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Revisiting the influence of learning in predator functional response, how it can lead to shapes different from type III.
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  • Octavio Bruzzone,
  • María Aguirre,
  • Jorge Hill,
  • Eduardo Virla,
  • Guillermo Logarzo
Octavio Bruzzone

Corresponding Author:bruzzone.octavio@inta.gob.ar

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María Aguirre
Fundación para el Estudio de Especies Invasivas
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Jorge Hill
Universidad Nacional de Tucumán Facultad de Agronomía y Zootecnia
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Eduardo Virla
PROIMI-Biotecnología, CONICET
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Guillermo Logarzo
Fundación para el Estudio de Especies Invasivas
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Abstract Predator/Parasitoid functional response is one of the main tools used to study predation behaviour, and in assessing the potential of biological control candidates. It is generally accepted that predator learning in prey searching and manipulation can produce the appearance of type III functional response. Holling proposed that in the presence of alternative prey, at some point the predator would shift the preferred prey, leading to the appearance of a sigmoid function that characterized that functional response. This is supported by the analogy between enzyme kinetics and functional response that Holling used as the basis for developing this theory. However, after several decades, sigmoidal functional responses appear in the absence of alternative prey in most of the biological taxa studied. Here, we propose modelling the effect of learning on the functional response by using the explicit incorporation of learning curves in the parameters of the Holling functional response, the attack rate (a), and the manipulation time (h). We then study how the variation in the parameters of the learning curves causes variations in the shape of the functional response curve. We found that the functional response product of learning can be either type I, II or III, depending on what parameters act on the organism, and how much it can learn throughout the length of the study. Therefore the presence of other types of curves should not be automatically associated with the absence of learning. These results are important from an ecological point of view because when type III functional response is associated with learning, it is generally accepted that it can operate as a stabilizing factor in population dynamics. Our results, to the contrary, suggest that depending on how it acts, it may even be destabilizing by generating the appearance of functional responses close to type I.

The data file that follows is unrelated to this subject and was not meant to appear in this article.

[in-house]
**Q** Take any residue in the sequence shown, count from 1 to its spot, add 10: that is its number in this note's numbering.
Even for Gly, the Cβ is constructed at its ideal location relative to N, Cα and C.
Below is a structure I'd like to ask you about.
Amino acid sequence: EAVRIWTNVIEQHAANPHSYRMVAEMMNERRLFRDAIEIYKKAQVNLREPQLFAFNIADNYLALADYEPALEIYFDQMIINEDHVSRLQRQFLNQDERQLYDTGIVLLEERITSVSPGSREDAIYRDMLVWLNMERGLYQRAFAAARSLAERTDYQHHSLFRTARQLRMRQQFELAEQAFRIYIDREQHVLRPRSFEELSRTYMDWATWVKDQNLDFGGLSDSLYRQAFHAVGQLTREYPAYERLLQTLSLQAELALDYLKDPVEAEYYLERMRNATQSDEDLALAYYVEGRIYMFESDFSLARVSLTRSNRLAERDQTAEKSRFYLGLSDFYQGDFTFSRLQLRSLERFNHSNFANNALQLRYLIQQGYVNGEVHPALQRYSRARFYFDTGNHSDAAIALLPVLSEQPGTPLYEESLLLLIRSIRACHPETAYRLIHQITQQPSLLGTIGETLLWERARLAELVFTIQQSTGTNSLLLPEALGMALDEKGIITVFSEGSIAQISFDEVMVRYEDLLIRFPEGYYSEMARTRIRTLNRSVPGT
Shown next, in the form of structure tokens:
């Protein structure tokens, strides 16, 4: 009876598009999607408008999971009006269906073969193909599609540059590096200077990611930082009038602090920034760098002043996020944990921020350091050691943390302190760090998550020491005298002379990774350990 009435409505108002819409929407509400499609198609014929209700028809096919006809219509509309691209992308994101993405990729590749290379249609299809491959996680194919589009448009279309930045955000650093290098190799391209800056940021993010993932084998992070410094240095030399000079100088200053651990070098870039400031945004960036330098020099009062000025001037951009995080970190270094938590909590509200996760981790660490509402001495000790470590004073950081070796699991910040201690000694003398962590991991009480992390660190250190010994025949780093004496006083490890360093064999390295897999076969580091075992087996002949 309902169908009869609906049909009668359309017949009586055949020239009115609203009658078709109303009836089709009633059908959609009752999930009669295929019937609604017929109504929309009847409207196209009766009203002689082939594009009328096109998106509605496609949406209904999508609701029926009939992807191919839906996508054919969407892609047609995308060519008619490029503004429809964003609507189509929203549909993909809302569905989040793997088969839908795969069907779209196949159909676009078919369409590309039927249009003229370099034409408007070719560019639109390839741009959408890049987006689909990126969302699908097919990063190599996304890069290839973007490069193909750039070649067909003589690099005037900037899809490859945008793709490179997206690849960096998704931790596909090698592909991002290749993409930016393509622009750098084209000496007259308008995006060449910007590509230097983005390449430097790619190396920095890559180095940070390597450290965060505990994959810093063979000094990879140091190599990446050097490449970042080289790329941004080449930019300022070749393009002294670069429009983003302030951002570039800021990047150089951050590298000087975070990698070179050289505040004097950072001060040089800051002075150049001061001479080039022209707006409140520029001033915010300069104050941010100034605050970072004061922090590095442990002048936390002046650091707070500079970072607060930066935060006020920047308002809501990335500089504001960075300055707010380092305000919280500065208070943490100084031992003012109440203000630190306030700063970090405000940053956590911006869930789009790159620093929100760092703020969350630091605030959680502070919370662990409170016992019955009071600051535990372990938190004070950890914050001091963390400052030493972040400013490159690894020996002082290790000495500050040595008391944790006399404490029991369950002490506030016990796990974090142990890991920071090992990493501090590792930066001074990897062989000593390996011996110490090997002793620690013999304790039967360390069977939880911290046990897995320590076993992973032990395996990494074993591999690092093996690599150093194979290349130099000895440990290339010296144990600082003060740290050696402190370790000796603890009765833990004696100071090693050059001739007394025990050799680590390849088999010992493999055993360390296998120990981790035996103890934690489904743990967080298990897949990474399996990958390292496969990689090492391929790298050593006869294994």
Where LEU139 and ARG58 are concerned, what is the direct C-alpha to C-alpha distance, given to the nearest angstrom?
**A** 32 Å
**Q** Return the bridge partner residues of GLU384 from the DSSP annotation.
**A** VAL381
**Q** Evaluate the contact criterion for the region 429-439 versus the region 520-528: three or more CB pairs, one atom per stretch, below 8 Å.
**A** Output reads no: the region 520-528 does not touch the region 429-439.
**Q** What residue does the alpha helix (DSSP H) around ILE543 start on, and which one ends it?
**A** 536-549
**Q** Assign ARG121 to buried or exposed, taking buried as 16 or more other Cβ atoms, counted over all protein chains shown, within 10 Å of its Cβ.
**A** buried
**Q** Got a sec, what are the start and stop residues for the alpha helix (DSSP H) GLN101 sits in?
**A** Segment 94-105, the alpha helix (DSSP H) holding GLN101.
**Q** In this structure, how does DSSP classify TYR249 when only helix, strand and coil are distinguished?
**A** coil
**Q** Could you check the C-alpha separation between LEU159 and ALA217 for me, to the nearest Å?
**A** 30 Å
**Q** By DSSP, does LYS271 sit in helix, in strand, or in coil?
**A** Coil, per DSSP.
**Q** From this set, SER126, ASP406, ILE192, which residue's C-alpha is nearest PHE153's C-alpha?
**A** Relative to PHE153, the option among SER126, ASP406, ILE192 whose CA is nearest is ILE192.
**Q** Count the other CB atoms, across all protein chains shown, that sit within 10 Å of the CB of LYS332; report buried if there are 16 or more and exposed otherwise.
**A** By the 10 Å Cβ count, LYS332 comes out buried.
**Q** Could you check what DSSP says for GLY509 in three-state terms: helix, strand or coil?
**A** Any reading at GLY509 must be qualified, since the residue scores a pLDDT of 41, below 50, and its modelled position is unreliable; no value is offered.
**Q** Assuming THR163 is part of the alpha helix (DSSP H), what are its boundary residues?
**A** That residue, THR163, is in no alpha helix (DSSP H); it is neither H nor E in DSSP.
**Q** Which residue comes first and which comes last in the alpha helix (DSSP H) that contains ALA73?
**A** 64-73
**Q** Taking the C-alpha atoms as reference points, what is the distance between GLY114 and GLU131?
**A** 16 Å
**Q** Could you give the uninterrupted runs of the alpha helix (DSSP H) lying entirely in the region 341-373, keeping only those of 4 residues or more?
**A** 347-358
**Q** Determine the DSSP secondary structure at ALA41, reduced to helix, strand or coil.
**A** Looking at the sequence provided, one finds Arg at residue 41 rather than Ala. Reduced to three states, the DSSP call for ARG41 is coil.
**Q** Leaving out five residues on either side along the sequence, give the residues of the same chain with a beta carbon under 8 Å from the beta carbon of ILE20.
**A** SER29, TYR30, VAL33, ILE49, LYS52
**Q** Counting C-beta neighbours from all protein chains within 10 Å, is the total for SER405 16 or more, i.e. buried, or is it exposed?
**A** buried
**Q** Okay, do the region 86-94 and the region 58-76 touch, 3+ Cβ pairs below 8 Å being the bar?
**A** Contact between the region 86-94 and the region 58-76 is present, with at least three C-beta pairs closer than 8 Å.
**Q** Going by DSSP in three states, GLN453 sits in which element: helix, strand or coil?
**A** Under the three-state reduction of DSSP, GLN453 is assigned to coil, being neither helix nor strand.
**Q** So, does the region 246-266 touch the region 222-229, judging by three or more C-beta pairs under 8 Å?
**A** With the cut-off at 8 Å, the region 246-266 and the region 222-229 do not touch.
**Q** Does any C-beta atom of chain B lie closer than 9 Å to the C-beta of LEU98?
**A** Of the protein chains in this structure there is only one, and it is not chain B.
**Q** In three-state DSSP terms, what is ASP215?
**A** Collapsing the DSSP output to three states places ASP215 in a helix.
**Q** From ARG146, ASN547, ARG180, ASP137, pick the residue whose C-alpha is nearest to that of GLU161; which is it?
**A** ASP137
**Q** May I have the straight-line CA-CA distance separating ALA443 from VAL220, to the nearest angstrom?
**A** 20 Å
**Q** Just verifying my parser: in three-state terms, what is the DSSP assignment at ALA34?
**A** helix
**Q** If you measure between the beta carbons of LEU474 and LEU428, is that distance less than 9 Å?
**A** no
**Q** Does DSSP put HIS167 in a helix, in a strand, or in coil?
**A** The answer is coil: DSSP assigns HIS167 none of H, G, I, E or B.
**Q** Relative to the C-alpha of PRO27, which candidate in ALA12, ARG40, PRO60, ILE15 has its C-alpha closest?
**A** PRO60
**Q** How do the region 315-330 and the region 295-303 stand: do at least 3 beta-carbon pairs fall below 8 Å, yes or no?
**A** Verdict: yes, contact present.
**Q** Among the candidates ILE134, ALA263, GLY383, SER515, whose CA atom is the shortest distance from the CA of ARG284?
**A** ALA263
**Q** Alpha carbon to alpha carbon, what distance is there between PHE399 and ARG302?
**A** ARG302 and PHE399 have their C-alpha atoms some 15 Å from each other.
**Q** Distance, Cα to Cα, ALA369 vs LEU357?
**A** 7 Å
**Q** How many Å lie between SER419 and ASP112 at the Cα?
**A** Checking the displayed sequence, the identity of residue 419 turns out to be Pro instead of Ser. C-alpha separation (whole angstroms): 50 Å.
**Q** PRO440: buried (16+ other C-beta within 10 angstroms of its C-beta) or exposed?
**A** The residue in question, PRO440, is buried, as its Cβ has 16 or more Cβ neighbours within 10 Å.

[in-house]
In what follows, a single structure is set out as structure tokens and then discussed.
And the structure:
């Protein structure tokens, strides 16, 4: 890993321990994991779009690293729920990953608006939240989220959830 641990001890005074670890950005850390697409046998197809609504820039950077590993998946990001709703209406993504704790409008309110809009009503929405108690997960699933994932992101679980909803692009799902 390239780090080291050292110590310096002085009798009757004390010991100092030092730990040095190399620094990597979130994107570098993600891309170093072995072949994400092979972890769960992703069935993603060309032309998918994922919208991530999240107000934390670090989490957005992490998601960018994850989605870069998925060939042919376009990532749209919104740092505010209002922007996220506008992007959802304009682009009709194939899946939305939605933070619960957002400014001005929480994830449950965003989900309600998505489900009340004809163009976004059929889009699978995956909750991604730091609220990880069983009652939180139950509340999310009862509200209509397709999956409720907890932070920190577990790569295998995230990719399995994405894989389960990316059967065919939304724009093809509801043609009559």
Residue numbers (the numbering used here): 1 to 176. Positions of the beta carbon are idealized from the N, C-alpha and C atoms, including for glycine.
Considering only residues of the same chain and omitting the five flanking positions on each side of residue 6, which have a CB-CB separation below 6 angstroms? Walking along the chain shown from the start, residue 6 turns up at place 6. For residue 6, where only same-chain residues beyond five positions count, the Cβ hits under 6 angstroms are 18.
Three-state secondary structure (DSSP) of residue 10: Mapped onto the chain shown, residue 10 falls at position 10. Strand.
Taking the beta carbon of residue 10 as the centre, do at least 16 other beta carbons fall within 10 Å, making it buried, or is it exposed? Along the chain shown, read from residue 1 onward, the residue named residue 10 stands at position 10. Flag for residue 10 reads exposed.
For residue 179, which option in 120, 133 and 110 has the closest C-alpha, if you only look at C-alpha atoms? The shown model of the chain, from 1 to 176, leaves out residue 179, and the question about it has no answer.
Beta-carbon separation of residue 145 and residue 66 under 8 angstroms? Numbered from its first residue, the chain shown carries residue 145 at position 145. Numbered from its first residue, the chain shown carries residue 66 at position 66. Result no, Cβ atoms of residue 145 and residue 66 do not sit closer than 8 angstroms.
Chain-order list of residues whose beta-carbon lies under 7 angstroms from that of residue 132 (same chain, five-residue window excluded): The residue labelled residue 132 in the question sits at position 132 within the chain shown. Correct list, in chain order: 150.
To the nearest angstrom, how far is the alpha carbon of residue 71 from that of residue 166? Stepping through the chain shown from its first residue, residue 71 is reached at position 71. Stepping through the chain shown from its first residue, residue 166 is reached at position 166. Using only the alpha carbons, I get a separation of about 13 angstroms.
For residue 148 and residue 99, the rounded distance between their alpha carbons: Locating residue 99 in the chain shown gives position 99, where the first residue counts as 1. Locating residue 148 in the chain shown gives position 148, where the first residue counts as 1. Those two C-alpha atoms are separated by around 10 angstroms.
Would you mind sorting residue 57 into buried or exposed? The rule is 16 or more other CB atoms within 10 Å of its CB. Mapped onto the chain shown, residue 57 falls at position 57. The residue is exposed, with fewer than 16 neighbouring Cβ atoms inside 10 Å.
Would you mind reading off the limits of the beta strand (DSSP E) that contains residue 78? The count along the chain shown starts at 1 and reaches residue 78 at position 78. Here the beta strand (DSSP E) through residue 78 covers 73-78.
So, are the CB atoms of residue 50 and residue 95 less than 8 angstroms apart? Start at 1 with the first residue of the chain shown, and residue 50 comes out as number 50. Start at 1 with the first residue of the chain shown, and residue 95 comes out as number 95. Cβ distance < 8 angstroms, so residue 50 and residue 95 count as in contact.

08 Sep 2021Submitted to Ecology and Evolution
09 Sep 2021Submission Checks Completed
09 Sep 2021Assigned to Editor
13 Sep 2021Reviewer(s) Assigned
25 Oct 2021Review(s) Completed, Editorial Evaluation Pending
03 Nov 2021Editorial Decision: Revise Minor
06 Dec 20211st Revision Received
07 Dec 2021Assigned to Editor
07 Dec 2021Submission Checks Completed
07 Dec 2021Review(s) Completed, Editorial Evaluation Pending
20 Dec 2021Editorial Decision: Revise Minor
05 Jan 20222nd Revision Received
06 Jan 2022Submission Checks Completed
06 Jan 2022Assigned to Editor
06 Jan 2022Review(s) Completed, Editorial Evaluation Pending
17 Jan 2022Editorial Decision: Accept
Feb 2022Published in Ecology and Evolution volume 12 issue 2. 10.1002/ece3.8593